IDC readjusted its PC sales forecast after seeing weak shipments in February.
Weaker than expected February PC shipments prompted International Data Corporation to reassess the market and adjust its expectation for the first quarter. Whereas IDC previously expected PC shipments to decline by 7.7 percent in Q1, the market research firm now says the drop could hit double digits, followed by a mid-single-digit decline in the second quarter before a recovery is in sight.
With Windows 8 getting off to a slow start and continued interest in tablets, 2012 "ended on a sour note" for PC makers, says International Data Corporation (IDC). According to the latest data from IDC, global PC shipments in 2012 fell 3.7 percent compared to 2011. Going forward, IDC expects computer shipments to drop another 1.3 percent in 2013, which is either good or bad, depending on your perspective.
It’s been a slow build over the last several years, but for the first time ever, NPD is reporting that tablet displays are shipping in greater quantities than those destined for notebooks. This doesn’t mean notebook computers are dead by any stretch of the imagination, but it does bring to light an interesting trend that is only likely to accelerate.
With Microsoft getting ready to launch its next generation operating system (OS), buyers and vendors appear stuck in a holding pattern staring at soon-to-be dated inventory. As a result, analysts at International Data Corporation (IDC) lowered their outlook on the market and now predict the PC shipments will grow just 0.9 percent in 2012. That's actually up slightly compared to one year ago, though it's the second consecutive year of sub-2 percent growth, IDC says.
Lenovo's investors have to be loving life right about now. The OEM is on top of its game and kept the sales momentum going by announcing yet another strong quarter in which net income (profit) for the three month period ended June topped $141.1 million, up 30 percent year-over-year. Lenovo's PC consumer business in mature markets has more than quadrupled in mature markets since 2008, and the company nearly doubled its PC revenue in emerging markets outside of China, the OEM said.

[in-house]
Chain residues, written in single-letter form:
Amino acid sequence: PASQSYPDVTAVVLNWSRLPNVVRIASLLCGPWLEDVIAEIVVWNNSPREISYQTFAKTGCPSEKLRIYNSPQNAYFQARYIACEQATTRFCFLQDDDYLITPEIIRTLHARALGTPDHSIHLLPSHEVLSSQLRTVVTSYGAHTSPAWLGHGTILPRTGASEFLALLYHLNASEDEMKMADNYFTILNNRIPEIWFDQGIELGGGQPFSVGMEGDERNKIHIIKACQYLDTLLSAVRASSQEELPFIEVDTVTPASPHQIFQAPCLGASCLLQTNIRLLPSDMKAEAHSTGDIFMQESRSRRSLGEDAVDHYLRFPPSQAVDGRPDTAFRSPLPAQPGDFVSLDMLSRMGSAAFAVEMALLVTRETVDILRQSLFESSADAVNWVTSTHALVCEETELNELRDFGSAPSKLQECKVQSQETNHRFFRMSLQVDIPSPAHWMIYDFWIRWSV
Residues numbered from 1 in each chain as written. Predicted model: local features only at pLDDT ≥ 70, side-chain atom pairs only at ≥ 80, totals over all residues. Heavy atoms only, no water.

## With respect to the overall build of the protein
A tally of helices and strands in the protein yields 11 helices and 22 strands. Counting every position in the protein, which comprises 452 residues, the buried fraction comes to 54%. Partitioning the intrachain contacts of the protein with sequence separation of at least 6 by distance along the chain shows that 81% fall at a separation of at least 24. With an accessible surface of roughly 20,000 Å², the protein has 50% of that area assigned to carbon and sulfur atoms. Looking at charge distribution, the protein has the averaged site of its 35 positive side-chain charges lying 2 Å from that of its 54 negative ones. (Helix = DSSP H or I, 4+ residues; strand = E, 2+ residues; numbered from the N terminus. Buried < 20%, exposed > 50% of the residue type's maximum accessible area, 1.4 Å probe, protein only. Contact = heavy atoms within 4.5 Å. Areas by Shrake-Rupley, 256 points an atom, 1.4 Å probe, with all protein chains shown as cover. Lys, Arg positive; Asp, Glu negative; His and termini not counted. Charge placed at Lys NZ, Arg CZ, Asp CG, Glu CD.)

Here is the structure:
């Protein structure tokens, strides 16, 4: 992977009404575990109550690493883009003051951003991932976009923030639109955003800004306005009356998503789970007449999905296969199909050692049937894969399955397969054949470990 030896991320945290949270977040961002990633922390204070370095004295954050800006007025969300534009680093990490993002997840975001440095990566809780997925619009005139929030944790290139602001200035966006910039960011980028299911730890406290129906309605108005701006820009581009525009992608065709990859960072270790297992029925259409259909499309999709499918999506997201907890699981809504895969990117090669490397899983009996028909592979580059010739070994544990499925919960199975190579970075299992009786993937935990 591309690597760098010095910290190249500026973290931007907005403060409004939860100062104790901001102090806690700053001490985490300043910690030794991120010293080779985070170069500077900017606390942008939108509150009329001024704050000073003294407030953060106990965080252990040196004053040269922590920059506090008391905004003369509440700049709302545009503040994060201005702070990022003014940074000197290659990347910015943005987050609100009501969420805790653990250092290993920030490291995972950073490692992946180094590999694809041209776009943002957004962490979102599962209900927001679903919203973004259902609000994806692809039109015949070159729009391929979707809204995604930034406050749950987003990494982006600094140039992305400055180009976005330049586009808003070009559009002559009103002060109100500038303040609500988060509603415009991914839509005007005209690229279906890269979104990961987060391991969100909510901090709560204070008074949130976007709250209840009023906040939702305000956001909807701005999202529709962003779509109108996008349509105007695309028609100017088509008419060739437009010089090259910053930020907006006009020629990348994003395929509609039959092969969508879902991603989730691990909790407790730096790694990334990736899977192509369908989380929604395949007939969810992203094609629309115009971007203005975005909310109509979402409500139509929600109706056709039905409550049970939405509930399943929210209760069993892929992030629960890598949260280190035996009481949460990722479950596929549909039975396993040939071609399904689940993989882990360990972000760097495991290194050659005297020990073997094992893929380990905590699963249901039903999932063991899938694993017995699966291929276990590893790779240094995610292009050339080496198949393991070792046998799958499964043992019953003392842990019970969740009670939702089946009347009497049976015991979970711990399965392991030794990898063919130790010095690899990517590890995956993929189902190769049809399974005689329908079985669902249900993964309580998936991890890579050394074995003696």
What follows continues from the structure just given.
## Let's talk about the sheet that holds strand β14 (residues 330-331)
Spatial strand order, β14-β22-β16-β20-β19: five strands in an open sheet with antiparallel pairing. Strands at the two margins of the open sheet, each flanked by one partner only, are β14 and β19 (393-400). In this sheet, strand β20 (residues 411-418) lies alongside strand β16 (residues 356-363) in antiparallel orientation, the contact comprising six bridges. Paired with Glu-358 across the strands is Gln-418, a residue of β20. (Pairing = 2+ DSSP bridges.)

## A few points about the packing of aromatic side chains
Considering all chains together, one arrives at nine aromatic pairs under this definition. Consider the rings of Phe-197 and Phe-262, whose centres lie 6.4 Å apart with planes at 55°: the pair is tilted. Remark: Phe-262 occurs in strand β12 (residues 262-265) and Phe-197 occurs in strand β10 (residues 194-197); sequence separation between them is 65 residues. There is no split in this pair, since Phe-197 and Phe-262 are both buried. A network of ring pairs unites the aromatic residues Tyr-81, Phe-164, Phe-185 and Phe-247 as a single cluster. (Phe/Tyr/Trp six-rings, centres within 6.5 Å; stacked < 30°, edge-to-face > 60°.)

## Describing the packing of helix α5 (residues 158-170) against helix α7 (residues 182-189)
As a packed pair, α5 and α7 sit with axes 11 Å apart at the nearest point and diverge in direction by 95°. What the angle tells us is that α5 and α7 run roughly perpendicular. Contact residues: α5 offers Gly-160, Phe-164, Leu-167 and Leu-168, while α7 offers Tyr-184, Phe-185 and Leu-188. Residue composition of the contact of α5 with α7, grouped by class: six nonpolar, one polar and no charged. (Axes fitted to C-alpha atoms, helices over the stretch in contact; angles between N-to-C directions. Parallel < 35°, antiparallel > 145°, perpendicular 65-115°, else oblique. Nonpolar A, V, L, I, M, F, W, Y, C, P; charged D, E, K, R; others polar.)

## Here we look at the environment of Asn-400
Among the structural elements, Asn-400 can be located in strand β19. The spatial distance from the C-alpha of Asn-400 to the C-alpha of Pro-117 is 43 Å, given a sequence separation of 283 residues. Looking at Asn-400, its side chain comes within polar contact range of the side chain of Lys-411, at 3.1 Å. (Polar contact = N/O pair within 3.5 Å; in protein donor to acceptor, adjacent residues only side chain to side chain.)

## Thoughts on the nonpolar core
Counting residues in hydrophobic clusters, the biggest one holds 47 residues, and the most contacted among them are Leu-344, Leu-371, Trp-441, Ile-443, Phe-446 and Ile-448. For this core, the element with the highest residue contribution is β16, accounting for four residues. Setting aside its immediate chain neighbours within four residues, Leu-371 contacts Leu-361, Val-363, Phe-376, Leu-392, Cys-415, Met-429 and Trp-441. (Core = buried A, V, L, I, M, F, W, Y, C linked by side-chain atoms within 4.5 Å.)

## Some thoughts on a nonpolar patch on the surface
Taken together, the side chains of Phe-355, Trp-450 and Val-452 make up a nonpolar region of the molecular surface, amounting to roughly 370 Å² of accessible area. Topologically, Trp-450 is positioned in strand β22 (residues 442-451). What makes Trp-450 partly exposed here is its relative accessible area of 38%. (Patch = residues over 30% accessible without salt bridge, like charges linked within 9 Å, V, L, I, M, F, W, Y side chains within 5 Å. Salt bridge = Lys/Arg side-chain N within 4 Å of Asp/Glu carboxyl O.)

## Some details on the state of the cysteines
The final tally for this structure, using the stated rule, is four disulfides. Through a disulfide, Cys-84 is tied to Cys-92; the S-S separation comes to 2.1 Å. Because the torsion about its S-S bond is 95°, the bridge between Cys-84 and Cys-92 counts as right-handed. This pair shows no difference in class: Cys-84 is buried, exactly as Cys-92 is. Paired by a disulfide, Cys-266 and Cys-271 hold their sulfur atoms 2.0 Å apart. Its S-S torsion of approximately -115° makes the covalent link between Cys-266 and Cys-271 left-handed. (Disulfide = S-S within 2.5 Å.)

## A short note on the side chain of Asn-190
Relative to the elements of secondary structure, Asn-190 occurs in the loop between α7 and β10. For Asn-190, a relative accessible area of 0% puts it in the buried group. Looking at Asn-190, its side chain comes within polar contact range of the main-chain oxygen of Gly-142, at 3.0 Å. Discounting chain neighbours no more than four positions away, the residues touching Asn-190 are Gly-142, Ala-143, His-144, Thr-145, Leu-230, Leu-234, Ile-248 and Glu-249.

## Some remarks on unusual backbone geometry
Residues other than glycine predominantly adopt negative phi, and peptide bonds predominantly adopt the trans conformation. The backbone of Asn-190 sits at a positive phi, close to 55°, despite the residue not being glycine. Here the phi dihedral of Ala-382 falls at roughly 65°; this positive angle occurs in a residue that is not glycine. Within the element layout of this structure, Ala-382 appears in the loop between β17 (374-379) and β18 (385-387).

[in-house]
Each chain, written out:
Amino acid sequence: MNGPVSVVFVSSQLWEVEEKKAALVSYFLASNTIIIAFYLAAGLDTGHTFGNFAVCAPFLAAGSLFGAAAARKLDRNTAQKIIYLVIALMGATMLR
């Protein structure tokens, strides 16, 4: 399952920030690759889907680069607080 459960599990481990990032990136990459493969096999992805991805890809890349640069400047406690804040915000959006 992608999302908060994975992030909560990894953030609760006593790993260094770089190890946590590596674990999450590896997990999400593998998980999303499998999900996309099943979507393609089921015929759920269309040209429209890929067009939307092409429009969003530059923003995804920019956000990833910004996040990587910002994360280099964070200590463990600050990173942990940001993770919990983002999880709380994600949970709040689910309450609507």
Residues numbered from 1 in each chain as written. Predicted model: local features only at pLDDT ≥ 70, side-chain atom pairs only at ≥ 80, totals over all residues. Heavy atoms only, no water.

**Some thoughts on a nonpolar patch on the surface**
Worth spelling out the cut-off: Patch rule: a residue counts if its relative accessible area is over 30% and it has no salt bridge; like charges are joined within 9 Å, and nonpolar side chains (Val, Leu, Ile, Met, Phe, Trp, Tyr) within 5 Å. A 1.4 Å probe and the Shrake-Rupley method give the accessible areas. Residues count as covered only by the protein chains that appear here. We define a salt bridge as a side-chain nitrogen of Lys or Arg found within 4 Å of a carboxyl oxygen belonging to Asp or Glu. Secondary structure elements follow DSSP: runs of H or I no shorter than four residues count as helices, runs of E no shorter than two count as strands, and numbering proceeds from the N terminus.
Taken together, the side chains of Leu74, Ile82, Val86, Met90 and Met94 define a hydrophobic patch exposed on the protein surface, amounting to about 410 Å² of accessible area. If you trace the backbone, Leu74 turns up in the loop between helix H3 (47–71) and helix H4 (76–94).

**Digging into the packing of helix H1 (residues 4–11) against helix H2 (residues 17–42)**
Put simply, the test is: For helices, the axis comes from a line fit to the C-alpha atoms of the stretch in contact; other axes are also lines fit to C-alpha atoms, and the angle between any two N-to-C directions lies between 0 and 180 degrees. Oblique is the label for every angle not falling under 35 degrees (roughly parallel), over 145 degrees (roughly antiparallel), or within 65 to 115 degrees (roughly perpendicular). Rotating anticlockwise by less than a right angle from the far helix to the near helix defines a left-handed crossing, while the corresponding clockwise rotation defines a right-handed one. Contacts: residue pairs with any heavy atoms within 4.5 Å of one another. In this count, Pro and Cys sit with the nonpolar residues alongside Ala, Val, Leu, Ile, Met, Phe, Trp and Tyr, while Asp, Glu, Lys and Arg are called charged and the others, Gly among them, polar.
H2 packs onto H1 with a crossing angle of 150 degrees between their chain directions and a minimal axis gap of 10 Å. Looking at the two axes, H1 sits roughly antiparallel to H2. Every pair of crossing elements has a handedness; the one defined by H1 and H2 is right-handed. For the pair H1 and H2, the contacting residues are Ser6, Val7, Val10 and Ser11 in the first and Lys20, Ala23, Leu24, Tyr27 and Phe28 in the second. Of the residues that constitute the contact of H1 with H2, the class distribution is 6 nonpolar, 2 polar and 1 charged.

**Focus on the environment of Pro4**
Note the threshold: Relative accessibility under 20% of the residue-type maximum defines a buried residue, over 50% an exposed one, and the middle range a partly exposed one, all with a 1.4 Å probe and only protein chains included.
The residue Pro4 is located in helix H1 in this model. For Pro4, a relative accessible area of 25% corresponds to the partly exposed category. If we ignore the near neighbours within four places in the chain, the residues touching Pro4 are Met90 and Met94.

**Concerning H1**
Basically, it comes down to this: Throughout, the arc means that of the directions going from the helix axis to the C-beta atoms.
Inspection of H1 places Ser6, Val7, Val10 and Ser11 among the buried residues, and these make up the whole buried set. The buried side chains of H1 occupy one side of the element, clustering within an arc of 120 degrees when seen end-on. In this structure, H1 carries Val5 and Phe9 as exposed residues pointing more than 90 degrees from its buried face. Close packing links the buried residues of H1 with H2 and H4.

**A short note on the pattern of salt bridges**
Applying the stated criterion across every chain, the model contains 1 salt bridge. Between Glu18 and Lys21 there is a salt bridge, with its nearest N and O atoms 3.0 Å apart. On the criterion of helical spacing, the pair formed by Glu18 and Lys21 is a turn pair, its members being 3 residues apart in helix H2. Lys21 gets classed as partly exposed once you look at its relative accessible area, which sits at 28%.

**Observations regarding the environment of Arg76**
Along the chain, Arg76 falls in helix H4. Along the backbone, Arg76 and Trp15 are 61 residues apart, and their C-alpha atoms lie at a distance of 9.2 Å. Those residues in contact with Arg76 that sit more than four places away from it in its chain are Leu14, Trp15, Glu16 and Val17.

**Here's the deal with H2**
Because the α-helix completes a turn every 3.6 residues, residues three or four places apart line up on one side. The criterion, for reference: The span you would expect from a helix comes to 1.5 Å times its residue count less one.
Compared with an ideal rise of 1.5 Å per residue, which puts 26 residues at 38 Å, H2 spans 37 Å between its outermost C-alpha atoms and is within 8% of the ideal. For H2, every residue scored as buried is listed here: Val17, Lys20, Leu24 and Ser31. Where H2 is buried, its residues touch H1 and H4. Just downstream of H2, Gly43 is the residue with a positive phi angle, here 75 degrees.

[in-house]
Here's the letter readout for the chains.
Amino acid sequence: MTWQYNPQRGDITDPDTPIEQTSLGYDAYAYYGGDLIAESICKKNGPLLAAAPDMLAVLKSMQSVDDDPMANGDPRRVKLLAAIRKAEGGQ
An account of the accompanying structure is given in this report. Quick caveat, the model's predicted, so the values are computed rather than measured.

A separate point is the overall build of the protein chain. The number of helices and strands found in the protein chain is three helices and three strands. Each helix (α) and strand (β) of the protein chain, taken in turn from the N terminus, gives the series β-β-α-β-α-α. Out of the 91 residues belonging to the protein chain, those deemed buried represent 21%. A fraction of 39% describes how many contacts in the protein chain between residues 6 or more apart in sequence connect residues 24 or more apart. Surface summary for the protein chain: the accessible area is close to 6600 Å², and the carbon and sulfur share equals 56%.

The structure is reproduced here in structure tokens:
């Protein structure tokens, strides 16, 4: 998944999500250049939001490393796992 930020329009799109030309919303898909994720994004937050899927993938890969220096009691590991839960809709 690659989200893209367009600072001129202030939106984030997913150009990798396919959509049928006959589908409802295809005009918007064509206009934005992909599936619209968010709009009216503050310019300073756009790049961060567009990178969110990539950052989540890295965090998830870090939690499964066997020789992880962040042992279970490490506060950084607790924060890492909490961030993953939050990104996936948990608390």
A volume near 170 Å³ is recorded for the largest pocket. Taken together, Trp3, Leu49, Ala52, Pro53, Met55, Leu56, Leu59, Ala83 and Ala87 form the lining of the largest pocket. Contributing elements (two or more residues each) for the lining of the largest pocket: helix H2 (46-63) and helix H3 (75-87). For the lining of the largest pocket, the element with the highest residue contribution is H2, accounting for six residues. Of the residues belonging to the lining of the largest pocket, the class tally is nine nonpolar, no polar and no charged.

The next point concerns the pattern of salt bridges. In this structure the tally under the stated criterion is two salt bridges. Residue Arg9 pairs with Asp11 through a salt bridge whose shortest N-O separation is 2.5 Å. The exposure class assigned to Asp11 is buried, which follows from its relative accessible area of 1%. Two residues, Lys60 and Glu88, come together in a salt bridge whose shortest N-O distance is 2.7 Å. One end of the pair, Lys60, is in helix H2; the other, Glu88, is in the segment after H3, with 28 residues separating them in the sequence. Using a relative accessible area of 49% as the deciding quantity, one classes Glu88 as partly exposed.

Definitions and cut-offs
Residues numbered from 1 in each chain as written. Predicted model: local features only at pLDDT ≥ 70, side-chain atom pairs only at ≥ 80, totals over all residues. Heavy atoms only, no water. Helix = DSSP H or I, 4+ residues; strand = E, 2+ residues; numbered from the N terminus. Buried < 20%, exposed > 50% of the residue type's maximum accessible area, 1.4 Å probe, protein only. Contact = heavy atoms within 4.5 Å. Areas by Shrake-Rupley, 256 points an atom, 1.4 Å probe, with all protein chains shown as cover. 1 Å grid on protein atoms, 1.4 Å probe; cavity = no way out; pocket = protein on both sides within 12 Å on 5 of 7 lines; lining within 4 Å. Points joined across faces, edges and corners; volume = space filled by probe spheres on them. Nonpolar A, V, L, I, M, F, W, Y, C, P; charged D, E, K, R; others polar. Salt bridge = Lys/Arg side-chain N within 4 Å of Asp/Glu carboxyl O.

PC doomsayers received a little more ammunition from Gartner today, which announced that PC shipments in Western Europe totaled just 13.6 million units in the second quarter of 2012. That's a 2.4 percent decline to compared to the same period last year, and it's mostly due to slagging desktop PC sales, which dropped 12.8 percent year-over-year in Q2. Meanwhile, mobile PC shipments are picking up steam.
PC shipments continued to disappoint in the second quarter of 2012, declining 0.1 percent from the same period last year. This was, according to Gartner’s Mikako Kitagawa, the seventh successive quarter of “flat to single-digit growth” for the global PC industry. Gartner is not alone, though, as the latest data from market research firm IDC also points to an identical 0.1-percent decline in global PC shipments during the quarter.
A funny thing happened in the fourt quarter of 2011. Analyst firm Canalys announced that Apple shipped more PCs than Hewlett-Packard (HP), but that was only true if you were willing to count iPad devices as PCs. And if you were willing do that, the question, then, is where do you draw the line? Are smartphones and superphones PCs as well? What about hybrid eReaders? Judging by the reader comments, the consensus among Maximum PC readers is that tablets are not PCs and shouldn't be counted as such, but regardless of whether or not you agree with that statement, HP is once again the world's leading client PC vendor.
You may have already noticed that the cost of hard drives has shot up since the severe flooding in Thailand. In addition to bringing devastation to the people and economy in that region, the flooding also disrupted operations at more than a dozen hard drive factories, resulting in "significant" damage. According to the International Data Corporation (IDC), this will have a direct impact on worldwide PC shipments through at least the first half of 2012.
Whenever you’re talking about the PC market these days, the talk inevitably turns to doom and gloom. HP ditching PCs! Tablets eating into sales! Everyone already has Windows 7! And on and on. Even our ever-optimistic PC enthusiasm can become kind of dulled in the midst of all the bad news. The dark cloud of slumping sales may soon be over, though; a new report expects the PC market to regain momentum in 2012.